cmd='fun(){ echo "$@";  }; fun $(fun $(fun hi))'

shells tend to need to make 2 forks to make it happen

strace-f(){ strace -f "$@" 2>&1; }; 
for sh in dash bash zsh ksh; do 
    printf "$sh\t" ; strace-f $sh -c "$cmd"  |grep -e clone -e fork -c;

except ksh heroically makes it without forking once:

dash    2
bash    2
zsh     2
ksh     0

How does it do that?


Here's how it goes down with a pipe thrown in:

cmd='fun(){ echo "$@"| echo "$@";  }; fun $(fun $(fun hi))'


dash    11
bash    10
zsh     5
ksh     3 
  • It fails doesn't manage this for whole pipelines though. I would like to make this possible for whole pipelines, prossibly bring it to other shells. Jun 17, 2016 at 15:02
  • 3
    Just for sanity checking, do you have ksh installed? When I run your code I get 0 for any shell I don't have installed Jun 17, 2016 at 15:06
  • 1
    @EricRenouf Lol, yes I do. And it does stuff, too. ;) Jun 17, 2016 at 15:16
  • Answerers may want to read stackoverflow.com/questions/14686872 .
    – JdeBP
    Jun 17, 2016 at 15:54

1 Answer 1


Ksh93 does a lot to avoid forks. I have no idea how it knows how to handle the first case, as a truss shows that it only calls one write(2) call with the final result.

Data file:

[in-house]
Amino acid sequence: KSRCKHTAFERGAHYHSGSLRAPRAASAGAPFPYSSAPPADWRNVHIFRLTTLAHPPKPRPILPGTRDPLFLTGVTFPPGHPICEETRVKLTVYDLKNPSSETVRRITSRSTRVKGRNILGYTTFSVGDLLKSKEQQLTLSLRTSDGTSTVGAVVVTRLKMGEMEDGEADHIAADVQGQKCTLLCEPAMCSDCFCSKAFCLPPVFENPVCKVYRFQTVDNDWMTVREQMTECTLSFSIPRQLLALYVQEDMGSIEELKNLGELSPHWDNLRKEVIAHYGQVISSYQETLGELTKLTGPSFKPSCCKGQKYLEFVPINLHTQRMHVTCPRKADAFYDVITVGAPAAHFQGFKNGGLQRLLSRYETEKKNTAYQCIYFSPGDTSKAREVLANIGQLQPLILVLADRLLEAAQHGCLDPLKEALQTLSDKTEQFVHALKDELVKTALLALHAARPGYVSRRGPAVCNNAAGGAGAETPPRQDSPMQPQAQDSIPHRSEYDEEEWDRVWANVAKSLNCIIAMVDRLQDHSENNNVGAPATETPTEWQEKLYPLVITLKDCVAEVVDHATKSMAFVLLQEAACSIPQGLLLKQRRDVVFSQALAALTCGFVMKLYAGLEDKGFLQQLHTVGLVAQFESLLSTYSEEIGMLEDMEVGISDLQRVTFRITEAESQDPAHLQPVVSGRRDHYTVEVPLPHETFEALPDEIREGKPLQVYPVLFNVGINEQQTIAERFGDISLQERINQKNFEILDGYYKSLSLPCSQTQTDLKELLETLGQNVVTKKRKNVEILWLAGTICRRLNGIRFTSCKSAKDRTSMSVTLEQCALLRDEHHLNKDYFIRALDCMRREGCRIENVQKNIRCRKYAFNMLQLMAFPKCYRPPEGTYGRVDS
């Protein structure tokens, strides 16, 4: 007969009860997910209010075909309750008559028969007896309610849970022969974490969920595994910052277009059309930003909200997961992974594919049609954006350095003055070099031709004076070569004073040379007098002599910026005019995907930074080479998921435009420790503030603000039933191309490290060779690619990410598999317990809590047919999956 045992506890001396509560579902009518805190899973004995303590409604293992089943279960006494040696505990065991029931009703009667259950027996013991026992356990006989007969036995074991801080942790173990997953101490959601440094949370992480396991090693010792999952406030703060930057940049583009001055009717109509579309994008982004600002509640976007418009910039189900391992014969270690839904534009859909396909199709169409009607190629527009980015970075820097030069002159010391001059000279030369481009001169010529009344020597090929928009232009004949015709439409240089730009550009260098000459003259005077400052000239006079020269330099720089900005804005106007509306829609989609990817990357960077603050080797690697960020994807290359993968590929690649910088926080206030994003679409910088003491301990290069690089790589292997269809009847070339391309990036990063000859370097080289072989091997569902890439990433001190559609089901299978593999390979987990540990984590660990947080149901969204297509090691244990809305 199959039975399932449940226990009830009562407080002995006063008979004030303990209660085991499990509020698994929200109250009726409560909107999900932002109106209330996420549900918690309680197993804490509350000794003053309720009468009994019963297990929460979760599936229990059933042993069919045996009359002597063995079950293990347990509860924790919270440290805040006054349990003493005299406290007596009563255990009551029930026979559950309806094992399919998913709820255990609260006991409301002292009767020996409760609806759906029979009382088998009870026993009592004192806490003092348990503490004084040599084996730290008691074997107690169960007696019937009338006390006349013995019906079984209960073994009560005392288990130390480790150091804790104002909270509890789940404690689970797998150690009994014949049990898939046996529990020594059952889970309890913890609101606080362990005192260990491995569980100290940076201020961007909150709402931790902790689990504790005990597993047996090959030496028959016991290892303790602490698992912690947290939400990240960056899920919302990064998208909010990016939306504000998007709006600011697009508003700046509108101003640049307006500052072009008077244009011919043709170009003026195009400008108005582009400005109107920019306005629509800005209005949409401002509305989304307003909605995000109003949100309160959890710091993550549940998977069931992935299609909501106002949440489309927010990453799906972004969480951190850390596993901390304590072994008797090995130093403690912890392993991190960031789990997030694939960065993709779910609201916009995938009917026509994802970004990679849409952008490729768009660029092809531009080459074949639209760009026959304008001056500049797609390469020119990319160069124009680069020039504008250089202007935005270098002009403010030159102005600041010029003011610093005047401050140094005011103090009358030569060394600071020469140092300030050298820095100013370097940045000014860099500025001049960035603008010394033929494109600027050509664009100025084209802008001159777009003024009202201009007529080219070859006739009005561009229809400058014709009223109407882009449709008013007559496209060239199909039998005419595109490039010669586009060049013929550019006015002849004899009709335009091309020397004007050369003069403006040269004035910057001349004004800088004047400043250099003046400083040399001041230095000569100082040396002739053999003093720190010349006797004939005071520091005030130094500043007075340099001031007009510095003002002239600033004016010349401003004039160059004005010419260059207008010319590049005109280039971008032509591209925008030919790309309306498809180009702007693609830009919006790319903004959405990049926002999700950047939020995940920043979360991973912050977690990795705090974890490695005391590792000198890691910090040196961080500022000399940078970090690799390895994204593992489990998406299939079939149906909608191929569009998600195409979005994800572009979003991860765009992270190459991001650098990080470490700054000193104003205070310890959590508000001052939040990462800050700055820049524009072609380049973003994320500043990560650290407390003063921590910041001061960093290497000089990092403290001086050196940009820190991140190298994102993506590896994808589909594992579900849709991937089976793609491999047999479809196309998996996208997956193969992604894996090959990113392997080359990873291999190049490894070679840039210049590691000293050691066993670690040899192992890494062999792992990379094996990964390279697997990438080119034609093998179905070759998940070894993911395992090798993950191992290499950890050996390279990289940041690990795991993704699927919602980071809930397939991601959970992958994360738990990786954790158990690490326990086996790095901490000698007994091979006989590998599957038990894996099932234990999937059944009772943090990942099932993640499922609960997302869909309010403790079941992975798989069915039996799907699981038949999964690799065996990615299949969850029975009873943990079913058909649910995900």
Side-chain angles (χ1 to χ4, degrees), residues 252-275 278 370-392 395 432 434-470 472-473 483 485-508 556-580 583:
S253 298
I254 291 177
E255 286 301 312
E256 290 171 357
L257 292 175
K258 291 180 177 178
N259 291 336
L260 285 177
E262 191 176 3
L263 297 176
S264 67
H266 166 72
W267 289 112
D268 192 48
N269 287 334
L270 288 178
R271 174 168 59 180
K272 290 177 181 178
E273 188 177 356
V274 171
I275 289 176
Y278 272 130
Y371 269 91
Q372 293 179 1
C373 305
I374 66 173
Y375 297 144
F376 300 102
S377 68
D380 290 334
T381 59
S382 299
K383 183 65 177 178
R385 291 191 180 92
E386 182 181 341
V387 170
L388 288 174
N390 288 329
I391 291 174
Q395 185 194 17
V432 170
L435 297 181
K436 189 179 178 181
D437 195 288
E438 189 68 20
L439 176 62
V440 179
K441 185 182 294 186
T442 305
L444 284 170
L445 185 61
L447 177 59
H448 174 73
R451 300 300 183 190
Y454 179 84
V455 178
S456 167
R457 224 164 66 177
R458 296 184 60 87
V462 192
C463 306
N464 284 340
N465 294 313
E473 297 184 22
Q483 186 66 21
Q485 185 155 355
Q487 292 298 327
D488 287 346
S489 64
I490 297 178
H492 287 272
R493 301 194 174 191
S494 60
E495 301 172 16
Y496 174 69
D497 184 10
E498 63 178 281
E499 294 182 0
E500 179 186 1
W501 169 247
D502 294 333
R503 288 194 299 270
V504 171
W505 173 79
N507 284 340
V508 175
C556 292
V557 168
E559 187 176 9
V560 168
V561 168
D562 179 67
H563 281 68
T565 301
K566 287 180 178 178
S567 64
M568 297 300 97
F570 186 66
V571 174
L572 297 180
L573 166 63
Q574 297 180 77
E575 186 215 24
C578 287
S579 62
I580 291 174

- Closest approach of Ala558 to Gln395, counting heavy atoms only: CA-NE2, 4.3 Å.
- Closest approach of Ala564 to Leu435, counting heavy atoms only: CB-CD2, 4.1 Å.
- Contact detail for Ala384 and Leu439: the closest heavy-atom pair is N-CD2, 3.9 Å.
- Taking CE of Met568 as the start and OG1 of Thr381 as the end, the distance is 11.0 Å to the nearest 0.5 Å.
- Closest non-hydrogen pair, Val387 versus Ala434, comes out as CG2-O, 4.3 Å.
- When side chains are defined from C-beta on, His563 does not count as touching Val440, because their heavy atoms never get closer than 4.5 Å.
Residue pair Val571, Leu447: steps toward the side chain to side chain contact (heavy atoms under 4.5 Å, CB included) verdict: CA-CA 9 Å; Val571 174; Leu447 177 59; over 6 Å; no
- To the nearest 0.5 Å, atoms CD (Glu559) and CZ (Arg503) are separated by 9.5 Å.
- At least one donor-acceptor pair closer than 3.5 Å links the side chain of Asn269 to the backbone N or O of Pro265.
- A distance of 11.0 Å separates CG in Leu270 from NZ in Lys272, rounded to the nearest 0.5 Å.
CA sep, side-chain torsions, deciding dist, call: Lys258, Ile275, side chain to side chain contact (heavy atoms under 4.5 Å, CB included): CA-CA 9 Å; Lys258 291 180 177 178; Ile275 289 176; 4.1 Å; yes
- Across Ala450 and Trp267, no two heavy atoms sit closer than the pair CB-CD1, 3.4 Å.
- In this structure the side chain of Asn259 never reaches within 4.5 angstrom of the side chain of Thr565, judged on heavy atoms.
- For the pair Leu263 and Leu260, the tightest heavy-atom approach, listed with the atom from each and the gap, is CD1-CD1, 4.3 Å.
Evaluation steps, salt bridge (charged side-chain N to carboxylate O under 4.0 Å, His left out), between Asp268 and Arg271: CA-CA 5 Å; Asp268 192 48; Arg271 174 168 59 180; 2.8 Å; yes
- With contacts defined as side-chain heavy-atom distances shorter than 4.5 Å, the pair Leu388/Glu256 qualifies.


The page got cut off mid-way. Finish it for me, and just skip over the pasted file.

It may be that David scans the command in macro.c and knows that he may handle "echo" internally.

What I can say is that I rewrote the parser and the interpreter of the "Bourne Shell" last year and mainly reduced the number of forks and replaced many of the forks by vfork() calls. This currently makes the Bourne Shell the second fastest shell past ksh93. You may like to run your tests with bosh as well.

BTW: ksh93 avoids forks in general. It implements a structure that contains all previous global variables and this made the shell code reentrant if it is called with different instances of the "global" variable structure pointer.

This method is used by ksh93 whenever there is a (cmd) subshell.

The reason for this rewrite is that David is using Win-DOS on his laptop and he did not like the slow Cygwin, so he wrote UWIN and uses ksh93 on Win-DOS directly. As there is no fork() on Win-DOS, he needed to find a new solution...

You must log in to answer this question.

Not the answer you're looking for? Browse other questions tagged .